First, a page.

So, the issue can be either brake rotor variation or wheel imbalance induced. To test, slowly increase your speed and observe the steering wheel. Go around a few curves to reorient the front tires and try it again. If the steering wheel nibbles, it is tire balance or possibly tire flat spotting if the vehicle has been parked a long time.

Now brake a few times to sweep the speed where you have noticed the issue before. Brake at different rates. Ignore the people behind you giving you the finger. If the steering wheel nibbles during braking it is thickness variation or if you have had it parked a while, a rust spot on the disc. The rust spot will usually wear off.
__________________
Yes, I have achieved work / life balance.
travelover is offline   Reply With Quote
Old 06-15-2012, 12:43 PM   #13
Give me a museum and I'll fill it. (Picasso)
Give me a forum ...
easysurfer's Avatar
 
Join Date: Jun 2008
Posts: 7,883
Quote:
Originally Posted by travelover View Post
OK, I have a slight advantage, as this was my job for many years . Steering wheel nibble is caused when the tire rotational frequency (speed) of your tires (and brakes) lines up with the torsional resonant frequency of the steering wheel and column. Thus, it is usually worst at one speed - the resonant frequency. If that speed is say 60 mph and you are slowing from a higher expressway speed, you will go thorough it during deceleration, braking or not.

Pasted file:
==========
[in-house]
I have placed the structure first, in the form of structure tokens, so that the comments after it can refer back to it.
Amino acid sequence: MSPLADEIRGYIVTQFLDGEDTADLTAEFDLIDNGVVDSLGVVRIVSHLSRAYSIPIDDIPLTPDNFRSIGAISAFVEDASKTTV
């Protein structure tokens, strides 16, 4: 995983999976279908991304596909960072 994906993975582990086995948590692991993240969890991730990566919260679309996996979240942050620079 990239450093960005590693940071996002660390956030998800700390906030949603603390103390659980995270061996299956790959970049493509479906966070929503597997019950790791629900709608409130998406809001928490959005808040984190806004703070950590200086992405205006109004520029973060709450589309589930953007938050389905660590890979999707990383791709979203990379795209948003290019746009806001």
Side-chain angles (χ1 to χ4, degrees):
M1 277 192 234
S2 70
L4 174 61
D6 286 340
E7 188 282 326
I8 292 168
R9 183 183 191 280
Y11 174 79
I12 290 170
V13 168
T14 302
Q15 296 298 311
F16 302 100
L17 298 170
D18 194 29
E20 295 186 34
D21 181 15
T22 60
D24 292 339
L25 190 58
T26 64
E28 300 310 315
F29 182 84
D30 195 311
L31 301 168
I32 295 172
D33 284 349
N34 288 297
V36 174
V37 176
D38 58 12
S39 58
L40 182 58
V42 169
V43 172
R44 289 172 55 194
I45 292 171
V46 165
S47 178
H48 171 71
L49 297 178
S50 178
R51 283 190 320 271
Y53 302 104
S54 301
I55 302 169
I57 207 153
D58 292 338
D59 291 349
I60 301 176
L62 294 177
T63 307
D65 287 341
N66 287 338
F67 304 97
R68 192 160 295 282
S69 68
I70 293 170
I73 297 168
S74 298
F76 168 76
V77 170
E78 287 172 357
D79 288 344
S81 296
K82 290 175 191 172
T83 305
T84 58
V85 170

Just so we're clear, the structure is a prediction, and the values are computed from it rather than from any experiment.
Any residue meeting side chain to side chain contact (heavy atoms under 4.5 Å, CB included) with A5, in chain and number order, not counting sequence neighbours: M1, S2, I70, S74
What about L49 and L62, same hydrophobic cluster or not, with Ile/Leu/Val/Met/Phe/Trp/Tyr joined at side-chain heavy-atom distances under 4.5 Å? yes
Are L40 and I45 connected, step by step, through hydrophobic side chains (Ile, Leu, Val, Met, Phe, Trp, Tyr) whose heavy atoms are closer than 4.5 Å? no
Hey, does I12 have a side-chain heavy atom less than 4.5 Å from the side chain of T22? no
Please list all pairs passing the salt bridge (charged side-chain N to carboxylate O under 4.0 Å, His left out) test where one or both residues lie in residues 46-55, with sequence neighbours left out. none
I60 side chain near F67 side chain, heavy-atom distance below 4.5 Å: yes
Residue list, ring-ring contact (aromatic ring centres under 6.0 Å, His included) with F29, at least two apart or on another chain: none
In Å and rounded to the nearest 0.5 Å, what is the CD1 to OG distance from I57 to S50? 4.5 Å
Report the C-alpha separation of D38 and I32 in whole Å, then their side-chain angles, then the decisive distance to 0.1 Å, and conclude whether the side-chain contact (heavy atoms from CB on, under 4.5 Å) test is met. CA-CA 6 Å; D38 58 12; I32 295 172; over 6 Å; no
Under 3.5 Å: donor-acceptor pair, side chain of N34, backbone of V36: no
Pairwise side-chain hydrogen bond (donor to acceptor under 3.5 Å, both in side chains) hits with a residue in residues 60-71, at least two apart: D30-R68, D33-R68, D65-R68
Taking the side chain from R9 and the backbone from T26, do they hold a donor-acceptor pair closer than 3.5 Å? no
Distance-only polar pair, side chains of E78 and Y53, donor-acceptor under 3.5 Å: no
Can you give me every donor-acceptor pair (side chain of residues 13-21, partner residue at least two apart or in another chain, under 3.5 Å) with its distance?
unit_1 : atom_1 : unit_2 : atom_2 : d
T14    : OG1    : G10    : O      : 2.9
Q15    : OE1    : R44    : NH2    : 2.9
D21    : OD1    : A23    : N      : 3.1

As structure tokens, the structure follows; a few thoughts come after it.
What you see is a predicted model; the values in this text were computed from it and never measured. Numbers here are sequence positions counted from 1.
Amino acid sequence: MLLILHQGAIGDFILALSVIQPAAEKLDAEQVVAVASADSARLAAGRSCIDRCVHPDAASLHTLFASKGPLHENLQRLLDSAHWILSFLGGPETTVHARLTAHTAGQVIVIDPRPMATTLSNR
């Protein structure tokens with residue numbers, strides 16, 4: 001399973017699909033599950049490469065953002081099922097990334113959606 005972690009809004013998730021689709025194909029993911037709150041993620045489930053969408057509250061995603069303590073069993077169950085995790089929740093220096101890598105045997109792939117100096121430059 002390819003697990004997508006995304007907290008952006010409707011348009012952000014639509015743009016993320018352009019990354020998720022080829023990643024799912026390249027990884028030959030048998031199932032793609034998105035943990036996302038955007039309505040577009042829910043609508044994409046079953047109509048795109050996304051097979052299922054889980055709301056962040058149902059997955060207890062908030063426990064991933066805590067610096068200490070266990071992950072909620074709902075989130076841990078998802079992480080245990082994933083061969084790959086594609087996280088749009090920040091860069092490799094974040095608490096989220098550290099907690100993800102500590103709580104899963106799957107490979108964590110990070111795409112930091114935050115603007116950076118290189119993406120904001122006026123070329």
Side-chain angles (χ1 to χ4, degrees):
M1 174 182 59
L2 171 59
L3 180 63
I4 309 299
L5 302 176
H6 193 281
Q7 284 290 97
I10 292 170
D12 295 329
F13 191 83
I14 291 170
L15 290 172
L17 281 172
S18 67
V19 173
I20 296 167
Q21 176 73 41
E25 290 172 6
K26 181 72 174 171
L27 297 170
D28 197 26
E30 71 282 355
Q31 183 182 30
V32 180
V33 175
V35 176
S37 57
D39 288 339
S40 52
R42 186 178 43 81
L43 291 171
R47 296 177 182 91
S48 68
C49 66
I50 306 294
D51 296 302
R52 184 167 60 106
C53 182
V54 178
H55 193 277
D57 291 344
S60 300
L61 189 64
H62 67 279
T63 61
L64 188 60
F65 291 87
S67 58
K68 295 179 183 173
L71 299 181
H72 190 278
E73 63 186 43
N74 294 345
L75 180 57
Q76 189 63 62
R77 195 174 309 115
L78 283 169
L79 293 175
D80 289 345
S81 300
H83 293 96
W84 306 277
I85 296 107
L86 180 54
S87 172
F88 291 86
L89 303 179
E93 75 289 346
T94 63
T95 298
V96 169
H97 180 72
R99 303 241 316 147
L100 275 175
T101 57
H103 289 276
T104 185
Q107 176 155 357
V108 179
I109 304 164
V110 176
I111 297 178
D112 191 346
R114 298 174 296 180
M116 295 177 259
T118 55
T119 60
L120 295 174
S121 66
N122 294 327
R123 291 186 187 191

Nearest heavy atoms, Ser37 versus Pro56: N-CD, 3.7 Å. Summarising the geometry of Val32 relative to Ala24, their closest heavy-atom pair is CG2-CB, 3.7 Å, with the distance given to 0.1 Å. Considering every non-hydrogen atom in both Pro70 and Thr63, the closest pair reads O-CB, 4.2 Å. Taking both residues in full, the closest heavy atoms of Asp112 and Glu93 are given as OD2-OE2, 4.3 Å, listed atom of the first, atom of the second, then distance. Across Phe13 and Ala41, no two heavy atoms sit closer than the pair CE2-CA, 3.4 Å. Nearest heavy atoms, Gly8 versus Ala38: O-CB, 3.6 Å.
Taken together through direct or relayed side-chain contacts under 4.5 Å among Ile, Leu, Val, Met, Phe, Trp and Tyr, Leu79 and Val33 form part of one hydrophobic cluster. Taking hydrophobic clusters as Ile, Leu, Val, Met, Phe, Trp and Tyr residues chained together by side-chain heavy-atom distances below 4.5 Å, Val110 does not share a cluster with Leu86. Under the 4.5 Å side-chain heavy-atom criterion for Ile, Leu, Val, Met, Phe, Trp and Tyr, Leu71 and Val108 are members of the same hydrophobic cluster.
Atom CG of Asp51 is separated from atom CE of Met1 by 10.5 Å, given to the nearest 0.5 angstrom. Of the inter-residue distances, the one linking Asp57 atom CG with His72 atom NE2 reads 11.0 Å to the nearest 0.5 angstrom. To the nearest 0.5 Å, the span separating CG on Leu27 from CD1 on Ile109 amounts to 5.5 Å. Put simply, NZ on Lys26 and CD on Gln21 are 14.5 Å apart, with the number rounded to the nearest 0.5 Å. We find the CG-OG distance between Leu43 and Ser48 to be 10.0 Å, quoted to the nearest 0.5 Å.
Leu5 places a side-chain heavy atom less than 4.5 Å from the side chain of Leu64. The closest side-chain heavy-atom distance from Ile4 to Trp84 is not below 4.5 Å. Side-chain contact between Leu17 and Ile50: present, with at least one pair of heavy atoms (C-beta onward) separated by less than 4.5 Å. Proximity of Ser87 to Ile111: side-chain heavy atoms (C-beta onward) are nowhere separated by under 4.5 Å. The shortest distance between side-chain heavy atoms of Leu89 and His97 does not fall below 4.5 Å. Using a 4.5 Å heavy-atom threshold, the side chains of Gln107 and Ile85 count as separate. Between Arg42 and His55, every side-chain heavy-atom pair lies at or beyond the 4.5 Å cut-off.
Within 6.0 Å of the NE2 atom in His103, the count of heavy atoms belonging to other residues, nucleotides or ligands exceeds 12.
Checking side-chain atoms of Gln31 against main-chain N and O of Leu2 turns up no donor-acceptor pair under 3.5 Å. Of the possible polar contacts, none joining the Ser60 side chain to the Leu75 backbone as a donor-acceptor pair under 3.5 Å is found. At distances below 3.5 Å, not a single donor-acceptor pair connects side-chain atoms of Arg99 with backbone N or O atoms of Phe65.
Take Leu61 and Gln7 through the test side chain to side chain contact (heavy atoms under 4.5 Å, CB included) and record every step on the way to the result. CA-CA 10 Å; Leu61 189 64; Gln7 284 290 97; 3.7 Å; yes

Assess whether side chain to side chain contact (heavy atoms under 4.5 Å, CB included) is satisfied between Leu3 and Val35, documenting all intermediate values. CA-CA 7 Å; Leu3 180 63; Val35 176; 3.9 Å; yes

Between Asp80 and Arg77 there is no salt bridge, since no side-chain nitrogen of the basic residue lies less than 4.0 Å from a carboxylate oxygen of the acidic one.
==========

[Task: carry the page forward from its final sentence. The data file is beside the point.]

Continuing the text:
So, the issue can be either brake rotor variation or wheel imbalance induced. To test, slowly increase your speed and observe the steering wheel. Go around a few curves to reorient the front tires and try it again. If the steering wheel nibbles, it is tire balance or possibly tire flat spotting if the vehicle has been parked a long time.

Now brake a few times to sweep the speed where you have noticed the issue before. Brake at different rates. Ignore the people behind you giving you the finger. If the steering wheel nibbles during braking it is thickness variation or if you have had it parked a while, a rust spot on the disc. The rust spot will usually wear off.

It's very interesting about how the different areas interact together. I haven't gone out and did all the testing, but the process is interesting.

I do know the nibbling that you mention, seems to only occur when I brake. Not while decelaration like taking my foot of the gas pedal.

Cool that that was you job for many years. I bet you could give us the inside scoop as to are most mechanics honest or not, and various tricks of the trade.

Thanks for your explanation.
__________________
Have you ever seen a headstone with these words
"If only I had spent more time at work" ... from "Busy Man" sung by Billy Ray Cyrus
easysurfer is offline   Reply With Quote
Old 06-15-2012, 02:42 PM   #14
Give me a museum and I'll fill it. (Picasso)
Give me a forum ...
travelover's Avatar
 
Join Date: Mar 2007
Posts: 9,871
Quote:
Originally Posted by easysurfer View Post
...........
Cool that that was you job for many years. I bet you could give us the inside scoop as to are most mechanics honest or not, and various tricks of the trade.

Thanks for your explanation.
I was not a mechanic, I was a development engineer - you know the kind that actually drives the product instead of staring at a screen all day.
__________________
Yes, I have achieved work / life balance.